But even when I am not on the phone I'm at times standing. I estimate 60% of my time at the office is spent on my feet, which in my mind is obviously healthy because I'm engaging the core, hips, glutes, hams, quads, and calves. This by far beats sitting on my ass all day, and in my opinion primes my body for my workouts, especially with the complex movements like squats and deadlifts.
I literally threw my chair out and got rid of it when i came home tonight, put my laptop on a couple boxes on my desk. From now on i will spend my life moving, standing or lying. I can already feel my body healing and feeling much better. The catalyst was my stationary's keyboard stopping to work, so a few days later now i just said **** it, im changing my life.

Like you i have no doubt about the benefits. Sitting fvcks you up.
 

xplt

Don Juan
Joined
Apr 16, 2019
Messages
48
Reaction score
34
I feel with you. I had a severe whiplash in 2013. It caused a chain reaction though my whole body, from neck to shoulders, to lower back, to pelvis, to hips and ankles, even elbows.

Work out. For me, compound exercises where key. If you sit throughout the day, stand up every half an hour. cardio helps you to losen up a little bit.

I made bad experiences with chiropractic. Try to strenghten your body and watch your posture. Try mobility or yoga.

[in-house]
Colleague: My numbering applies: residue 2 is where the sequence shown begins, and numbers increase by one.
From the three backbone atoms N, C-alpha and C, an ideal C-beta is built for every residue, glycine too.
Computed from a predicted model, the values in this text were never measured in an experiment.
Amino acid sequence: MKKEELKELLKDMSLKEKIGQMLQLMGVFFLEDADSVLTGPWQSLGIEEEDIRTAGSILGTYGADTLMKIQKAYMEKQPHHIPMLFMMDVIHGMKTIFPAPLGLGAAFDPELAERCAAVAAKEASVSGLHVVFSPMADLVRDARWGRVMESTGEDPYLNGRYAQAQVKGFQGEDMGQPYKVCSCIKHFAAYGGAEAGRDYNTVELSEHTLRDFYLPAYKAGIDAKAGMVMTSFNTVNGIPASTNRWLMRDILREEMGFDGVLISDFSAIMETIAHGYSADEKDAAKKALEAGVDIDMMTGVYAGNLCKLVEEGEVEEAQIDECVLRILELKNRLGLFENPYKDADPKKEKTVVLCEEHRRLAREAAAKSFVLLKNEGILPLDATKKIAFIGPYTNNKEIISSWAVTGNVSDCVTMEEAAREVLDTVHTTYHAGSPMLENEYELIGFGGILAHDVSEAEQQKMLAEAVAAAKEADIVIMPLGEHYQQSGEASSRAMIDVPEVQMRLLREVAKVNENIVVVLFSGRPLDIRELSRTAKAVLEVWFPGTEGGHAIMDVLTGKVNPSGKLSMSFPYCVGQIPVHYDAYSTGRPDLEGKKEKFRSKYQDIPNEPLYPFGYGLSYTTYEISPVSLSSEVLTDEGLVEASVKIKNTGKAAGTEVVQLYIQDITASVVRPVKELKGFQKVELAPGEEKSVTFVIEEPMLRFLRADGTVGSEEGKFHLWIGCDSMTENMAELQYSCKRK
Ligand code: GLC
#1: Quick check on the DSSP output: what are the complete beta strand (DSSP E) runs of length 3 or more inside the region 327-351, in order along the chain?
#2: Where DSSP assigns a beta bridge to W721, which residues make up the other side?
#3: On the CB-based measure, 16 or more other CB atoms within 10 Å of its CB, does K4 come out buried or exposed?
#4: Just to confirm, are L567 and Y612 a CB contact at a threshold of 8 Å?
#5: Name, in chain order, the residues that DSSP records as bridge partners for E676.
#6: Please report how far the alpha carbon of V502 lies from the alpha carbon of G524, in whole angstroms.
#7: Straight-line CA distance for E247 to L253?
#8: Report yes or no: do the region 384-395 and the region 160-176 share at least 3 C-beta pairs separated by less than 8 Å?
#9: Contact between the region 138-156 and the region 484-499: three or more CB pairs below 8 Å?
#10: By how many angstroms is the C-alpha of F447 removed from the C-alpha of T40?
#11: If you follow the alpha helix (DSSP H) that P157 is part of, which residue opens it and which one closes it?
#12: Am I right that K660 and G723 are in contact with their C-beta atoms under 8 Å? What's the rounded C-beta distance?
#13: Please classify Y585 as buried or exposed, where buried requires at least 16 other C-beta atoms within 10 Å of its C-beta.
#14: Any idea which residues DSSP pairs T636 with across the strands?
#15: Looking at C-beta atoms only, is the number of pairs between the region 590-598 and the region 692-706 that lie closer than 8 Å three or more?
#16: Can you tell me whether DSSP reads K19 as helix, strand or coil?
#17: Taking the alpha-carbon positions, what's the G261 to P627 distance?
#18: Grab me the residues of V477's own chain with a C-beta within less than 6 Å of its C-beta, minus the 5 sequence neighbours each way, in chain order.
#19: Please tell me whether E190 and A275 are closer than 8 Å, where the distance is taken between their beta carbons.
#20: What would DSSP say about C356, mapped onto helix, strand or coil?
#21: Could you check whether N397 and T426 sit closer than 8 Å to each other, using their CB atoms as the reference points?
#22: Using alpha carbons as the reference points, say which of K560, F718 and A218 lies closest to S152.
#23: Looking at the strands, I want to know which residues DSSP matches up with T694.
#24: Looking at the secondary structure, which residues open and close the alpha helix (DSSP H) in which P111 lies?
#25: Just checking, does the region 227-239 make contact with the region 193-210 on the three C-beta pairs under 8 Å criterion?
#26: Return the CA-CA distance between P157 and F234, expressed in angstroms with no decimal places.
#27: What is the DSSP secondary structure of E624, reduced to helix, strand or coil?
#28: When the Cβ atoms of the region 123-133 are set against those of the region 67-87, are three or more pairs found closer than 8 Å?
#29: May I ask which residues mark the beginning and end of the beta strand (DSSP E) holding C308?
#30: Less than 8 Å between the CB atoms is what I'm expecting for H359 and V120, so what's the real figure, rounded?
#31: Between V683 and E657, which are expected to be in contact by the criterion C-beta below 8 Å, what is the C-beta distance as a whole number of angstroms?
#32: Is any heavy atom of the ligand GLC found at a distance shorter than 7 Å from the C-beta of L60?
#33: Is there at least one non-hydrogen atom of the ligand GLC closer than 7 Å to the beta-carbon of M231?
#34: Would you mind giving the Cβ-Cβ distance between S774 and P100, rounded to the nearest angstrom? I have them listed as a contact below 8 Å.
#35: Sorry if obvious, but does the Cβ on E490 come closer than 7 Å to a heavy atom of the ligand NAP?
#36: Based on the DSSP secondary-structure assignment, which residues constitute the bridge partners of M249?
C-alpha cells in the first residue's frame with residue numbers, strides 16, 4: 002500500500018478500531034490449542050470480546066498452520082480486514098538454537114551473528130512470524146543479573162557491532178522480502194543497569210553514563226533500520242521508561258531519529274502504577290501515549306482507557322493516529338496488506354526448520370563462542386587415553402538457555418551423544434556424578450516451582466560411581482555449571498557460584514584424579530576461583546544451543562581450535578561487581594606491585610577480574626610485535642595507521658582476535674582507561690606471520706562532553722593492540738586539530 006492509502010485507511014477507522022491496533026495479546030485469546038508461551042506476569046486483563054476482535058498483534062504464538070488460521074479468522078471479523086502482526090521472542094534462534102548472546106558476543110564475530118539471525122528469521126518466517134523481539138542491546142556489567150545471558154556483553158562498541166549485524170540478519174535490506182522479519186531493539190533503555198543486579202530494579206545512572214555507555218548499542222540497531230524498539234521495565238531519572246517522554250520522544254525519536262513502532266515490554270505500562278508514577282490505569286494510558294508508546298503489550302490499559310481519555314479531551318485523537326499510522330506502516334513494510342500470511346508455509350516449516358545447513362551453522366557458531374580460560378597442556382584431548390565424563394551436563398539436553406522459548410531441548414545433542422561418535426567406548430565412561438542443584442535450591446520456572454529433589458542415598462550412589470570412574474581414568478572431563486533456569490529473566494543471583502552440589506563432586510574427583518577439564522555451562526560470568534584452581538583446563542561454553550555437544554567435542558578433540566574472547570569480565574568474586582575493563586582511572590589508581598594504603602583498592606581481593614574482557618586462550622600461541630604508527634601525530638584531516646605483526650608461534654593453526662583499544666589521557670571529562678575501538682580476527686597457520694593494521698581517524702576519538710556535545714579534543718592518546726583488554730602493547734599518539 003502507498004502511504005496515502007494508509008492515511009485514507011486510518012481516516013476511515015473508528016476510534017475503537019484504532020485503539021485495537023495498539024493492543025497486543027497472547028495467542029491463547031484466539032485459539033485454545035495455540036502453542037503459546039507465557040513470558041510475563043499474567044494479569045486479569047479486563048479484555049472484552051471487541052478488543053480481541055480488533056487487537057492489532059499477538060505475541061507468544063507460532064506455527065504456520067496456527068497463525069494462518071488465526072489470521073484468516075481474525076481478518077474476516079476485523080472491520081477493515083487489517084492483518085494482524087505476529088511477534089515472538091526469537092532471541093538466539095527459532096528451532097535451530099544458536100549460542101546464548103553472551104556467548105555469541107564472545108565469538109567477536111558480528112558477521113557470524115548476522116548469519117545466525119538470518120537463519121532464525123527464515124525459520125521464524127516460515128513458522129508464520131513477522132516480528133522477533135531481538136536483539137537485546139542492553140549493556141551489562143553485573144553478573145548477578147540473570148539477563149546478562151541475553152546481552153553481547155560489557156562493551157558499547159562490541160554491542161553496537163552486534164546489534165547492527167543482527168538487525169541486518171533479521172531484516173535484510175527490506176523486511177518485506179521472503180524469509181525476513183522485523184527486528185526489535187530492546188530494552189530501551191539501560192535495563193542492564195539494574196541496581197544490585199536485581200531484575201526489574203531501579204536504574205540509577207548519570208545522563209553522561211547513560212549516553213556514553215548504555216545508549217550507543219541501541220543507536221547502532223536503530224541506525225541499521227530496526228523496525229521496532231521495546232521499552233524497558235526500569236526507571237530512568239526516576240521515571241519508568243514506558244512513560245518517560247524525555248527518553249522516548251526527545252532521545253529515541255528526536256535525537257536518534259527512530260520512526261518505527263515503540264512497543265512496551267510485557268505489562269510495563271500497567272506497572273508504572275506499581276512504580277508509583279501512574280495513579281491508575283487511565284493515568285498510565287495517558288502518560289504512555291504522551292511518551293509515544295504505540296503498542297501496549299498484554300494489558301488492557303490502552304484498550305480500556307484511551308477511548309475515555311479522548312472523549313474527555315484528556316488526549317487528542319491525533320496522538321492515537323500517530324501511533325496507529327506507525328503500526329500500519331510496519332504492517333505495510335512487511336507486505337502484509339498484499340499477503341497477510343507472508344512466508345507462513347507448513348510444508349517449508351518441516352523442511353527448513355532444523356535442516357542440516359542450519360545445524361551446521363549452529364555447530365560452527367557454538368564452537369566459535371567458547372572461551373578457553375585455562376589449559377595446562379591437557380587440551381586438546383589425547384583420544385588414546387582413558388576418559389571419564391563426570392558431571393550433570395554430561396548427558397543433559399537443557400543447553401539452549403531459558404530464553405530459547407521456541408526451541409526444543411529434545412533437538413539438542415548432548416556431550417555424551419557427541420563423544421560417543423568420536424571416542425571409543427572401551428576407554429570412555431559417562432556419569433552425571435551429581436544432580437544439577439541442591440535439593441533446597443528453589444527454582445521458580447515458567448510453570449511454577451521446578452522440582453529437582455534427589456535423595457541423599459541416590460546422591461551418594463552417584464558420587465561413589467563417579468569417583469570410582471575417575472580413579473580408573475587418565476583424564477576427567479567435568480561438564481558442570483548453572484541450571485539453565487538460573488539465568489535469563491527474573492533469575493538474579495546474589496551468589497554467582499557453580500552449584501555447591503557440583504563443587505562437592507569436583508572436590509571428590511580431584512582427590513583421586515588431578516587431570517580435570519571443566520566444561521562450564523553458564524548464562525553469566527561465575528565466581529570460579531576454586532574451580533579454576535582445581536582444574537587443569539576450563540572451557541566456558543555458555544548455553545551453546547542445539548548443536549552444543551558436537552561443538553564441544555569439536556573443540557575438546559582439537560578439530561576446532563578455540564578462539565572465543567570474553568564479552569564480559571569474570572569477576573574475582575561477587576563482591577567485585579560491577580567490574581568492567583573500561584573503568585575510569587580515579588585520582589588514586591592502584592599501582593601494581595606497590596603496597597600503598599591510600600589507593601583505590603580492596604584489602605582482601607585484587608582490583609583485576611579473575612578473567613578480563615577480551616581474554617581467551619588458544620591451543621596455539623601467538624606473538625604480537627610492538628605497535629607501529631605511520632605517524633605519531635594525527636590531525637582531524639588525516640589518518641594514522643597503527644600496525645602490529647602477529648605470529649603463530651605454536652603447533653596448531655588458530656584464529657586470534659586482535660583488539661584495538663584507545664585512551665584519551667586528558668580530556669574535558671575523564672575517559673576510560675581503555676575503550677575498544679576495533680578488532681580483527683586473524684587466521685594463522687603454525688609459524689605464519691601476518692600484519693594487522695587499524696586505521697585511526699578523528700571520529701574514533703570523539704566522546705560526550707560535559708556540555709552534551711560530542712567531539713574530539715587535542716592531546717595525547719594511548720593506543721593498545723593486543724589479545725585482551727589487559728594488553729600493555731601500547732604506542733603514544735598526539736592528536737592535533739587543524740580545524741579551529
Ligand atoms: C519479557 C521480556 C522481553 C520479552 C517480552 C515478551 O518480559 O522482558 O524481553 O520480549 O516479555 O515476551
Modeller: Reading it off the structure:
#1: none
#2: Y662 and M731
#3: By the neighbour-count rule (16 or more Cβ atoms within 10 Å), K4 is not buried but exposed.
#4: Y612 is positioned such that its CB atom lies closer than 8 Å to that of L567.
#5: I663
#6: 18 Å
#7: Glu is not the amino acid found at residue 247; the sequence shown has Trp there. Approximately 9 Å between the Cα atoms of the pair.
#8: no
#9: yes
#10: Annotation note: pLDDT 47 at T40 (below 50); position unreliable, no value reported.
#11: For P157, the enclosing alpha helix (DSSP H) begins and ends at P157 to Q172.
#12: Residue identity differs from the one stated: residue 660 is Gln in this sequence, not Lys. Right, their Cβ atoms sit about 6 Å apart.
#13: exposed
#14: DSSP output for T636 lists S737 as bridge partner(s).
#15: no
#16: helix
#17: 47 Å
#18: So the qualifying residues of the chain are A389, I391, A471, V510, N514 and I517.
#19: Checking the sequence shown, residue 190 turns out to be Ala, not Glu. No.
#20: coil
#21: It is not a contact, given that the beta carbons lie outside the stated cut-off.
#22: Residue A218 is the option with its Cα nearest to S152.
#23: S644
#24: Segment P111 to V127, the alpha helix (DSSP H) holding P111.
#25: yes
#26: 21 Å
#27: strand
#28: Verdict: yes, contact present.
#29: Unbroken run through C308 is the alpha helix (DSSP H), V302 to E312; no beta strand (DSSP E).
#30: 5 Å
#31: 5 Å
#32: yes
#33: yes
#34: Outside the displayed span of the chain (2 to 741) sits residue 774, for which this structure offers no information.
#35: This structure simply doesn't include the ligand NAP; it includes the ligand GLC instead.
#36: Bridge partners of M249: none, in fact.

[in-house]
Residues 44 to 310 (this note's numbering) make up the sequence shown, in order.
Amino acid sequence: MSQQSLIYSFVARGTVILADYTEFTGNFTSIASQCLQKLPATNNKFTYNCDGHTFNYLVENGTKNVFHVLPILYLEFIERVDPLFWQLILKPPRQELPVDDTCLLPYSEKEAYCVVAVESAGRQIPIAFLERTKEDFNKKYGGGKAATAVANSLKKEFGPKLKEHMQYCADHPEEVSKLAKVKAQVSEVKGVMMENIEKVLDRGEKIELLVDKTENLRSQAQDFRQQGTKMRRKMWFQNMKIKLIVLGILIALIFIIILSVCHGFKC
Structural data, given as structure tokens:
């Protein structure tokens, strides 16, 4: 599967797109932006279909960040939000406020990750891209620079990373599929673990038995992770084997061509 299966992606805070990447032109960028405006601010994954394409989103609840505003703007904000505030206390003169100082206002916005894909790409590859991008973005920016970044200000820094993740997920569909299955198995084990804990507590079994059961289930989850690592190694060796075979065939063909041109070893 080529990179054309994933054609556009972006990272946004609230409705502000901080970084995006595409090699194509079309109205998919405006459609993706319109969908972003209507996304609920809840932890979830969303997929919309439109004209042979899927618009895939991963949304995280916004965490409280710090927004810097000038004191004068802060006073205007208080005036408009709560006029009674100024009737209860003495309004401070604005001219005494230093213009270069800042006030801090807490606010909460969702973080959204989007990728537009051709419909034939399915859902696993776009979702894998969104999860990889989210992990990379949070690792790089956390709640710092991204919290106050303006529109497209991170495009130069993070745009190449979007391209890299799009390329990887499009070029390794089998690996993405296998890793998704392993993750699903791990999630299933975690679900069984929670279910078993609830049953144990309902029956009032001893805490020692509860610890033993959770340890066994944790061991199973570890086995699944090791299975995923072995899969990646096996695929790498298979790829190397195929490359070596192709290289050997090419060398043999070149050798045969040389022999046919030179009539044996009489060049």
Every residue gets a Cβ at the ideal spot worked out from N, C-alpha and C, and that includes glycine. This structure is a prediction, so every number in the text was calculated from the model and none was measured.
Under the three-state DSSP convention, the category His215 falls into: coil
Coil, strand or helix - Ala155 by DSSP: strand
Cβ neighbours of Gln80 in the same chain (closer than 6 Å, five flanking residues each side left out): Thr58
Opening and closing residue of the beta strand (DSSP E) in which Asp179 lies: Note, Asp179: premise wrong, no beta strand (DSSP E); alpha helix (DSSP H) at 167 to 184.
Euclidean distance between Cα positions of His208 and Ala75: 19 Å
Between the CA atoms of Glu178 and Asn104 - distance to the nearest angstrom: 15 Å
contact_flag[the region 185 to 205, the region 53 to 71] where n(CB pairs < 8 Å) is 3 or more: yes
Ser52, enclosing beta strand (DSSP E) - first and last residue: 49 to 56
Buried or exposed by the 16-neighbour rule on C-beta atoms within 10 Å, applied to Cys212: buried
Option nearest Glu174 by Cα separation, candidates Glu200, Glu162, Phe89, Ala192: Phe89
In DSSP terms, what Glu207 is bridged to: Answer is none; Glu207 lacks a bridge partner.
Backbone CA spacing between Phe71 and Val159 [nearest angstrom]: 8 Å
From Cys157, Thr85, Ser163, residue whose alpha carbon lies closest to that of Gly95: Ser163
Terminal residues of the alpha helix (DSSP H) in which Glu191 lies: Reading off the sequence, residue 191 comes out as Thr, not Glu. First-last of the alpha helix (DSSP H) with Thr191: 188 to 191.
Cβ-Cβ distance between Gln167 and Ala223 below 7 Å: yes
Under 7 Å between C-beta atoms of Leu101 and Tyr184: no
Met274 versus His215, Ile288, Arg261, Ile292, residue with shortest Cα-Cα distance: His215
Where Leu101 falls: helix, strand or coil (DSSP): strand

Kotaix

Senior Don Juan
Joined
Apr 29, 2019
Messages
300
Reaction score
226
Age
41
I get horrible shoulder pains sometimes and I've found that a lot of it has to do with the fact that I sit behind a computer most of the day at work. Ironically, it's the mouse that fvcks up my back and neck. I've cured the problem just by adjusting my seat height on more than one occasion.

It might also be your bed, I've gotten horrible back pains from sleeping on beds that I'm not used to.
 

AttackFormation

Master Don Juan
Joined
Apr 2, 2014
Messages
2,463
Reaction score
1,772
Age
26
Location
Sweden
I've gone nearly a month without sitting now as part of my new lifestyle of moving, standing or lying down, having gotten rid of my desk chair. I have NO pain anywhere in my body anymore, and no tightness. I don't sit anymore unless I have no other choice.

Stop sitting and your body will heal. I can now verify that. Try it out for yourself.
 

switch7

Master Don Juan
Joined
Dec 20, 2014
Messages
546
Reaction score
263
Location
uk
I've gone nearly a month without sitting now as part of my new lifestyle of moving, standing or lying down, having gotten rid of my desk chair. I have NO pain anywhere in my body anymore, and no tightness. I don't sit anymore unless I have no other choice.

Stop sitting and your body will heal. I can now verify that. Try it out for yourself.
I tried a standing desk but it after around 30 mins I start to get joint pain on the inside of my knees from locking out my legs and it gets pretty painful. I can't stand in the same place for long..

But yea we aren't built to sit, we are built to squat/crouch or stand.
 

AttackFormation

Master Don Juan
Joined
Apr 2, 2014
Messages
2,463
Reaction score
1,772
Age
26
Location
Sweden
I tried a standing desk but it after around 30 mins I start to get joint pain on the inside of my knees from locking out my legs and it gets pretty painful. I can't stand in the same place for long..

But yea we aren't built to sit, we are built to squat/crouch or stand.
Fix your standing leg posture lol. Humans aren't supposed to be in acute pain from standing up. Move around slightly too.
 
Top